Belluno is a town we planned to visit on our way to Bassano Del Grappa (the home of Grappa) for a look around and the perfect lunch stop. Once there and having missed the turning for the car park followed by a long round trip to get back there we set off to spend a couple of hours exploring the old part of town. The camper aire is in a large car park at the foot of the town below the Cathedral with what felt like the world’s longest and steepest triple level escalator up to the town, which seemed to go on forever. That is not a complaint of course as the other option would be climbing steps!
Like many old towns it sits atop a hill with some or occasionally all of the original wall intact and Belluno is no different, likewise the streets are often narrow and cobbled opening onto wide Piazzas which is always a delight as it is in Belluno. A pretty town with plenty of cafes from which to watch the world go by, Belluno is the capital of Belluno province sitting at the confluence of the rivers Ardo and Piave between the Dolomites to the north and sweeping plains towards Bassono Del Grappa and Vicenza to the south giving it the perfect balance of views and vistas.
Of the town itself the Piazza de Duomo is a smaller but attractive square with the cathedral and the Palazzo Fulcis (home to the museo Civico) as well as the Municipo building all very pretty, walking on through the smaller Piazza Castello you come across Piazza dei Mariti which is without doubt the nicest and worth a visit just to sit in one of the cafes in it’s colonnaded streets and cool shady tree lined green areas. Another feature not to be missed is the Porta Dojona with it’s ancient wooden doors still in place, the town is also home to some old medieval fountains in one instance going back the the 15th century.
The old town is small and pretty and is certainly worth a couple of hours to walk around have some lunch or a coffee and enjoy the quiet atmosphere. For motorhomes the Aire is a good option being free at night and reasonably priced for daytime parking making a nice easy respite with the opportunity of a relaxing night in town.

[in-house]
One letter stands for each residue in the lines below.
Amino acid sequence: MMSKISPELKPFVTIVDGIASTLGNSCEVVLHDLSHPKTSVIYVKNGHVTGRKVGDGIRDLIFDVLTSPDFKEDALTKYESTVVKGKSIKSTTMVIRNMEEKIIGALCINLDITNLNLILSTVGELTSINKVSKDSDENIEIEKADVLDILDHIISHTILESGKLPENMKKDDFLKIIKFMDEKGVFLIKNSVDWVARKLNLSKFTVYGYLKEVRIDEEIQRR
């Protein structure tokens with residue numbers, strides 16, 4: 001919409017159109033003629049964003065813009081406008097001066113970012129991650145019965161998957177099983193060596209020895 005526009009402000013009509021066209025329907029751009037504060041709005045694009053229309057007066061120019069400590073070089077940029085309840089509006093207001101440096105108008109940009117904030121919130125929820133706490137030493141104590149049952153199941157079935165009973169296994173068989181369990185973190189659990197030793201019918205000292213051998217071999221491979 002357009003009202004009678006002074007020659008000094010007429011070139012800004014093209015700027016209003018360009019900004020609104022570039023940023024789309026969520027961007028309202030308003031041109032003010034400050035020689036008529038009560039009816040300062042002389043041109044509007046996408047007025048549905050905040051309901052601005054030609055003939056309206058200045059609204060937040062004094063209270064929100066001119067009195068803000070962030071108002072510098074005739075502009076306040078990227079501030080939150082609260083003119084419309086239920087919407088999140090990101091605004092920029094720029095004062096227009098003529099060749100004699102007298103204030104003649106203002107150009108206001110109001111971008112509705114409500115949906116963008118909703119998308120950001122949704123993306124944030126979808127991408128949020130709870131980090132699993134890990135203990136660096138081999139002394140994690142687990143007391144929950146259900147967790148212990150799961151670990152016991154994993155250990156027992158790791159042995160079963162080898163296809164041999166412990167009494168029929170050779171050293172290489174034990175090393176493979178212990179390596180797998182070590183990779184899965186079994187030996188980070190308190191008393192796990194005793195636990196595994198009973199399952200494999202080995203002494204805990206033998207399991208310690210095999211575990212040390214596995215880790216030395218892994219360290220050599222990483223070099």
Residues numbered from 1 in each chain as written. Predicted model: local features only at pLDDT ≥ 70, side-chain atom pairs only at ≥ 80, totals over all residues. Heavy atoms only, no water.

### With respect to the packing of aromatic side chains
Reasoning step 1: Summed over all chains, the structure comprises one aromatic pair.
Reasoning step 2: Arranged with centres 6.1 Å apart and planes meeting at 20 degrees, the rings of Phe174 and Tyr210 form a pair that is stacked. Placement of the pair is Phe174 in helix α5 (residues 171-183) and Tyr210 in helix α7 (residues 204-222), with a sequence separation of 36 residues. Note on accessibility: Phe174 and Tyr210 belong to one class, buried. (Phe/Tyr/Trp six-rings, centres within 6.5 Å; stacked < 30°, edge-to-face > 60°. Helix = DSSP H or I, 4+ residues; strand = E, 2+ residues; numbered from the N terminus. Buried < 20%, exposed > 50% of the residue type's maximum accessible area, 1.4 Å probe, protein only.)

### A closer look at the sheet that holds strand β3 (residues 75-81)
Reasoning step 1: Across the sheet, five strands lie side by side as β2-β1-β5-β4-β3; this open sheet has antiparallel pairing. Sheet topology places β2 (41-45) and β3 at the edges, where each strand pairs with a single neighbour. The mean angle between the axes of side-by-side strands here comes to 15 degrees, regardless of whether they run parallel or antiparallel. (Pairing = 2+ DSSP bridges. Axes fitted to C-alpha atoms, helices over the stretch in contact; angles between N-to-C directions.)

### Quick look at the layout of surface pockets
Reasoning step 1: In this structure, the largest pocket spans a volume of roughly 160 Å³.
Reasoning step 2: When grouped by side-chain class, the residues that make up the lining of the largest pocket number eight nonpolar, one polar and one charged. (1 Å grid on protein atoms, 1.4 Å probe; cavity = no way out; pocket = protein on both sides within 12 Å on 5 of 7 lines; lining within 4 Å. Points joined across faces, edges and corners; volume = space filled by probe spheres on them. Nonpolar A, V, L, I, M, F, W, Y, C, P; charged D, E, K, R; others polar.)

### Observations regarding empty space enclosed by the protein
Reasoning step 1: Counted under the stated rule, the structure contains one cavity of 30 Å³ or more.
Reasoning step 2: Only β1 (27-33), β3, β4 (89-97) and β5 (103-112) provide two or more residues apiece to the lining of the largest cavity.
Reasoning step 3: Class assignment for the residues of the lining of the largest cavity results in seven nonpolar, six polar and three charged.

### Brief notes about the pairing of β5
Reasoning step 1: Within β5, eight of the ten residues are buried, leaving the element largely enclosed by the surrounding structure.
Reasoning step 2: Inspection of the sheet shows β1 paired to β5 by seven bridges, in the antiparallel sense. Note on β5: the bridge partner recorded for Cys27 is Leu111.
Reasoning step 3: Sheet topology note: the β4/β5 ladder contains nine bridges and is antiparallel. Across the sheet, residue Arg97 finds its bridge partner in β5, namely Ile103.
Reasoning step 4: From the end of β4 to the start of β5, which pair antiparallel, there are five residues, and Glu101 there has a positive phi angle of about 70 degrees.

Our journey onwards later took us through Padua to Cittadella, an intriguing town completely concealed by an elliptical town wall. The restored medieval wall is roughly 2km in length and it is possible to walk its entire perimeter along the parapet walkway , enabling you to admire the whole old town from it’s 15m height giving views both into the town and out into the countryside. At a thickness of over 2m this robust structure was an effective means of defence for the small town nestled protectively inside.
The wall has 4 imposing gates, equally spaced apart at roughly the points of the compass, along with keeps, towers and turrets. Enclosed entirely by a spring water fed moat, with beautifully maintained grassy banks Citadella is a captivating place. It is possible to hire a small boat for a lazy meander around the moat which would probably be an enjoyable to while away an hour. The original wooden drawbridges have since been replaced with substantial stone bridges allowing vehicle and pedestrian access to the town hidden within.
We arrived at the Vicenza Gate, the Western entrance, decorated with a frescoe of the crucifixion, soon locating the Captain’s House (Casa del Capitano) where the Captain of the Guards once resided. The building now displays historical and re-enactment costumes, weapons, armoury and scenes of typical life in the middle ages and is the starting point of the walk. A medieval re-enactment is organised at the end of September every year but unfortunately we were a few weeks too early for that. It seems mass tourism has yet to reach Citadella, as we were virtually alone walking the parapet, once occupied by a garrison of 20 soldiers and 2 commanders, and were able to appreciate a virtually private visit, stopping leisurely to take pleasure in the views both inside the walls and out.
Descending afterwards into the town, it didn’t take long to explore, being small and compact with the most interest being the impressive Duomo facing the Piazza L. Pierobon and the Piazza G. Scalco with it’s little bars and social cafes where locals stand at the counter for their daily espresso. The town has a smattering of shops and was preparing for an event later in the day, preparing food and barbecuing huge trays of meat giving off delicious aromas and sending us on our way with a happy memory of this uniquely preserved town.
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